'Just say no' good for war on drugs - and me
Last updated 5/27/2020 at 3:32pm | View PDF
I’m not very skilled at saying no.
I have such a hard time, in fact, that one of my friends/co-workers suggested a simple remedy if I find myself unable to respond in the negative when asked to do something I don’t want to do. I should write “No” on an index card and hold it up.
I know I’m not the only person who struggles with this. And the reasons why I do are many.
First of all, I’m a people pleaser. This is a role many of us — especially women — have been raised to fill.
Need me to do you a favor? Of course!
Want me to pitch in on the fundraiser you just volunteered to lead? It would be my pleasure.
On it goes.
The words were never stated explicitly, but the message I received growing up is that I should not disappoint others, regardless of whether their expectations were realistic.
Then there’s the whole concept of reciprocity. I did this for you, so now you need to do this for me.
And so at points in my life I found myself with a list of tasks that I forced myself to complete, despite my lack of desire to do so. Instead of feeling a sense of accomplishment or altruism afterward, I felt resentful and manipulated.
I am not alone.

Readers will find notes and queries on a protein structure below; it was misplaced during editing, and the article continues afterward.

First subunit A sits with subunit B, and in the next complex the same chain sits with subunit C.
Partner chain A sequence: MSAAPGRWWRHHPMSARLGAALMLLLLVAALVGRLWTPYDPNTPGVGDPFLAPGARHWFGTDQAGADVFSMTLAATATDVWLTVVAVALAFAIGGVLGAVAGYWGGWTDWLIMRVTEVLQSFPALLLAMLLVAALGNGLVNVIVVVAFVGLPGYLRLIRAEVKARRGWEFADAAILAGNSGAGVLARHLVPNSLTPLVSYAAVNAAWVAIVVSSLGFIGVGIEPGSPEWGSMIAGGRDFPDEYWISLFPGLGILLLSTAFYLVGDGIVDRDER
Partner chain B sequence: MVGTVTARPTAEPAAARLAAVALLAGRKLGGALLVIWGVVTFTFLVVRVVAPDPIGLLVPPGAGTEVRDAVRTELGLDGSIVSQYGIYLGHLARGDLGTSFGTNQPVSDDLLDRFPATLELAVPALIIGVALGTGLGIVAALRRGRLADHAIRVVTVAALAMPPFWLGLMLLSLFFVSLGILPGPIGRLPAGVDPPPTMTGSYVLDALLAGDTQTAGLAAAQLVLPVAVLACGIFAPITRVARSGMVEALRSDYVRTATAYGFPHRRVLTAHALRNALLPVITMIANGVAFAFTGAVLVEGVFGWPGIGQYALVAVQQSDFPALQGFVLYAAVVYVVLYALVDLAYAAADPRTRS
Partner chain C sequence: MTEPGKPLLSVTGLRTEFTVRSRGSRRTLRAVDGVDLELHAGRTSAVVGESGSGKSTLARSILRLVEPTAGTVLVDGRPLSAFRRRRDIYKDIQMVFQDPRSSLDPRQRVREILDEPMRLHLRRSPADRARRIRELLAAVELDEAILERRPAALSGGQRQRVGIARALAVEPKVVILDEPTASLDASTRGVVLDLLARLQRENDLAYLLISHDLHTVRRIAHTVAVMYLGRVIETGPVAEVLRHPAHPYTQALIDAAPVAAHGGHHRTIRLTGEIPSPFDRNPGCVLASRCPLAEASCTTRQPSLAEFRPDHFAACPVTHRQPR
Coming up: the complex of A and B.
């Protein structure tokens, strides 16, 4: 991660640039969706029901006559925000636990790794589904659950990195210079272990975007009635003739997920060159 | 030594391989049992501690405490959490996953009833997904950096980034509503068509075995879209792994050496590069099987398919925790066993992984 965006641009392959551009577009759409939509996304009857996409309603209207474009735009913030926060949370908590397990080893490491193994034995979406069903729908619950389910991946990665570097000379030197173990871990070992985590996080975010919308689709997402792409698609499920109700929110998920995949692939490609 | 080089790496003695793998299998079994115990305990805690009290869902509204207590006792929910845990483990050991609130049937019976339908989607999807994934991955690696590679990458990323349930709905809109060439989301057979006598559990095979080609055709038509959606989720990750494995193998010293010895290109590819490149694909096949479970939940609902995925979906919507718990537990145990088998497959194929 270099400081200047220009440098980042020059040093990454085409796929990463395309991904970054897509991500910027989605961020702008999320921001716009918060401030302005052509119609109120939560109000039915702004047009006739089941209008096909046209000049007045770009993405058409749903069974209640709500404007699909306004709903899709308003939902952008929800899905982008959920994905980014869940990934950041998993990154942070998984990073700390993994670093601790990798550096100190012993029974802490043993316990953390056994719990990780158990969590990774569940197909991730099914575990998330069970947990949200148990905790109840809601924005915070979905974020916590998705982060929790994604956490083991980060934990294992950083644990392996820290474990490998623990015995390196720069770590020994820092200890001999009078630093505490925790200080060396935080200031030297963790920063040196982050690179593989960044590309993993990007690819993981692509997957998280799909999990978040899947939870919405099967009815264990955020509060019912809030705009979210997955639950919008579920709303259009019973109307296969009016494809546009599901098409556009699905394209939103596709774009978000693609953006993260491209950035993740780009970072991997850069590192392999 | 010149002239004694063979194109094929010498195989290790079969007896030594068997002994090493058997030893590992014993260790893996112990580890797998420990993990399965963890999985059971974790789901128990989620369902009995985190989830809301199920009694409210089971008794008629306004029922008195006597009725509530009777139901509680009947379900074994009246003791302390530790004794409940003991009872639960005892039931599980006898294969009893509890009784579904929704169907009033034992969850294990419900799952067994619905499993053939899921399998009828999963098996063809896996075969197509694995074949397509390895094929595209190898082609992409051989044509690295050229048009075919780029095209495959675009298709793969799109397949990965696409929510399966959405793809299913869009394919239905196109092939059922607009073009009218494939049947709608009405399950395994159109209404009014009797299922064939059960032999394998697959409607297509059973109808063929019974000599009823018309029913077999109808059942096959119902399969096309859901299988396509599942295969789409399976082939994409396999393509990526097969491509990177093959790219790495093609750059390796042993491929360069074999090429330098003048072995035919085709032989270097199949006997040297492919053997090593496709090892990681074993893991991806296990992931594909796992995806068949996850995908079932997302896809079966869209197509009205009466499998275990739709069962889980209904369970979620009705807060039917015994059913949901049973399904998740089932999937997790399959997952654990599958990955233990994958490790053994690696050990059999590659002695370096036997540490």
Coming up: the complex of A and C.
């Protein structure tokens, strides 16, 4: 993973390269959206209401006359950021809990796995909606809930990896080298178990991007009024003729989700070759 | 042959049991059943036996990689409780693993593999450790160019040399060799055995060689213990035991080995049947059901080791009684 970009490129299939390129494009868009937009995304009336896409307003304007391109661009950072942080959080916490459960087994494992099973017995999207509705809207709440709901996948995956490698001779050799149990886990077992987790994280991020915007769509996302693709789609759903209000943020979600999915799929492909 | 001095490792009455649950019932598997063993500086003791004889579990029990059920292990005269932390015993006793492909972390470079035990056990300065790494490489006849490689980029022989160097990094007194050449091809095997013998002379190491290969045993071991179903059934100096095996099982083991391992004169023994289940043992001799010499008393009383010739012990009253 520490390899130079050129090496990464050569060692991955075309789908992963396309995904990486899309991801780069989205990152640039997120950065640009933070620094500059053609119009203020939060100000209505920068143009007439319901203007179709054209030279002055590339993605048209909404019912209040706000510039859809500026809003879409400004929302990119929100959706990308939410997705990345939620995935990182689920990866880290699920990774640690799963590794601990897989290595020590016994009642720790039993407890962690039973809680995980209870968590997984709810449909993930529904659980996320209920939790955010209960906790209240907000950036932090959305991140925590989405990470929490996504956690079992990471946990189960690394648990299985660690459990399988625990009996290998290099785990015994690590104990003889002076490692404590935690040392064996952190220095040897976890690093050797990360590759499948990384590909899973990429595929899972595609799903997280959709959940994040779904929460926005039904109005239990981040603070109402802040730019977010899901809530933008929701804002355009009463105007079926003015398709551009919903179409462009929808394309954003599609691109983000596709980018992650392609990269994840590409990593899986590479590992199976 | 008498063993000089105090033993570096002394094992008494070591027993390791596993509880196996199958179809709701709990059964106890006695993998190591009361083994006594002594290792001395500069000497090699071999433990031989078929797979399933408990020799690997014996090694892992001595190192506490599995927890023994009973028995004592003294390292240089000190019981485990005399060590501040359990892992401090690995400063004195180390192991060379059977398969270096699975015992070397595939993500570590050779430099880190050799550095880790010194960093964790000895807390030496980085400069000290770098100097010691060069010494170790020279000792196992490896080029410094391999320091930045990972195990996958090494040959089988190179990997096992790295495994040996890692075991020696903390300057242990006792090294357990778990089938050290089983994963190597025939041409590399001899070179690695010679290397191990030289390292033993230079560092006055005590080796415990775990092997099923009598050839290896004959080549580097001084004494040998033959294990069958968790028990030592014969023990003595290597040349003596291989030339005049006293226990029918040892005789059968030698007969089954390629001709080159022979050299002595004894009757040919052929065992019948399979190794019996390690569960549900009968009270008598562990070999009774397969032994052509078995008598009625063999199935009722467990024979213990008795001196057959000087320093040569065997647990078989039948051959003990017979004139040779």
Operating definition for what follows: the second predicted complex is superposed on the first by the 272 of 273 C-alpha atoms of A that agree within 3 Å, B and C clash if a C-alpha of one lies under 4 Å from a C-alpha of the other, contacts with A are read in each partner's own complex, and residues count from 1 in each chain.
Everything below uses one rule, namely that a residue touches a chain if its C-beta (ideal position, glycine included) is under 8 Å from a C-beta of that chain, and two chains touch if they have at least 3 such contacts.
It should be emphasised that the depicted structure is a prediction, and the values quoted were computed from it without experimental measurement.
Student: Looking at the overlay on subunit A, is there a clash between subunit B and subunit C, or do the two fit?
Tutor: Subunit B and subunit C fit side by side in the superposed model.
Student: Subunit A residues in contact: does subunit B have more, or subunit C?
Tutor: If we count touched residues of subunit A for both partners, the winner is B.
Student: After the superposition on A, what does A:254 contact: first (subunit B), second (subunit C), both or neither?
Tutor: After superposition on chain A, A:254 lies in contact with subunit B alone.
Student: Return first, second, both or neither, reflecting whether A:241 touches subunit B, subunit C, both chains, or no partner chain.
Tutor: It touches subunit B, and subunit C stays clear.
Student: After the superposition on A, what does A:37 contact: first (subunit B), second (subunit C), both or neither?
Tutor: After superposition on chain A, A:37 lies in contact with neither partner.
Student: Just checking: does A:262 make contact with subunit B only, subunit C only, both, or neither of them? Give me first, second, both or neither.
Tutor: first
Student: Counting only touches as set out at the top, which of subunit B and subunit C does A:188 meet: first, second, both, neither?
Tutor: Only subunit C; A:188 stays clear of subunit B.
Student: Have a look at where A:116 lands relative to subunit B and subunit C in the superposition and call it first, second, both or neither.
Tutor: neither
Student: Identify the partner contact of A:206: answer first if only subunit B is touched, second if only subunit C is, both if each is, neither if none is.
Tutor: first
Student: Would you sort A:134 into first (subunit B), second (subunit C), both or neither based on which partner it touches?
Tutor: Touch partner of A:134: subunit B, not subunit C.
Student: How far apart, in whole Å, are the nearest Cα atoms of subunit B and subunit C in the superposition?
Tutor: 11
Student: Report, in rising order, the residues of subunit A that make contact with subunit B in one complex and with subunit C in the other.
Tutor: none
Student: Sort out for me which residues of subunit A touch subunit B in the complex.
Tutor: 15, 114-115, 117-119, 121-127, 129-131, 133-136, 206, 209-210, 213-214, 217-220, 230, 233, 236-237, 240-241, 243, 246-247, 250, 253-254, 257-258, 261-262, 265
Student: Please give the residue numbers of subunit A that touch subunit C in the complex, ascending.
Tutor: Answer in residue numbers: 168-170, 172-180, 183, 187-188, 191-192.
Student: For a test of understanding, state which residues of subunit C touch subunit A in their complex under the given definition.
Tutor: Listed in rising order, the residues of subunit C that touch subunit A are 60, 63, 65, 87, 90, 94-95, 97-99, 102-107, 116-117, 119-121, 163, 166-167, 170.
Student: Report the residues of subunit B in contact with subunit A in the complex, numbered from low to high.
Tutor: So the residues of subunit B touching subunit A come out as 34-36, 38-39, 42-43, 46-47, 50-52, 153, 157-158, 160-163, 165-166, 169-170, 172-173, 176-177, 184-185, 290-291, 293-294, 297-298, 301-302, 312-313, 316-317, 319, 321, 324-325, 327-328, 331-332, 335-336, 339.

I’ve been listening to a podcast interview with Elizabeth Gilbert, author of “Eat, Pray, Love,” the newly released novel “City of Girls” and other works. She learned from Byron Katie to offer a simple and straightforward response when she wants to decline requests.
“Thank you, and no.”
That’s it. No excuses. No elaborate explanation that can be used against her in follow-up requests. When we have checked our inner compass and know that we are not interested in doing what is being asked of us, we should just say no, Gilbert believes.
She said she learned from Martha Beck, a friend of hers and favorite writer of mine, that our inner compass is always right. We don’t listen to it because we’ve been trained to override it by culture and trauma and family and training.
I was simultaneously intrigued and anxious. How will the world function if favors are never repaid? How will anything get done if we can simply say no when we don’t want to do something? My heart rate quickened just thinking about it.
I soon realized my discomfort was arising out of a scarcity mindset. The feelings of desperation that lead to statements like, “What will I do without your help?” are backed by a belief that one person and one person only can provide what is required.
If I stop and take a few deep breaths, I recognize that there is enough — enough people, enough willingness, enough options, enough of whatever is needed to move forward, even when we are told no. Sometimes we just need to look someplace else.
So the next time I’m asked to do something that just isn’t right for me to do, I’m going to try to say, “Thank you, and no.” If that doesn’t work, I’ll make sure I have some backup (i.e. an index card and marker) at the ready.
— Pamela Lannom is editor of The Hinsdalean. Readers can email her at [email protected]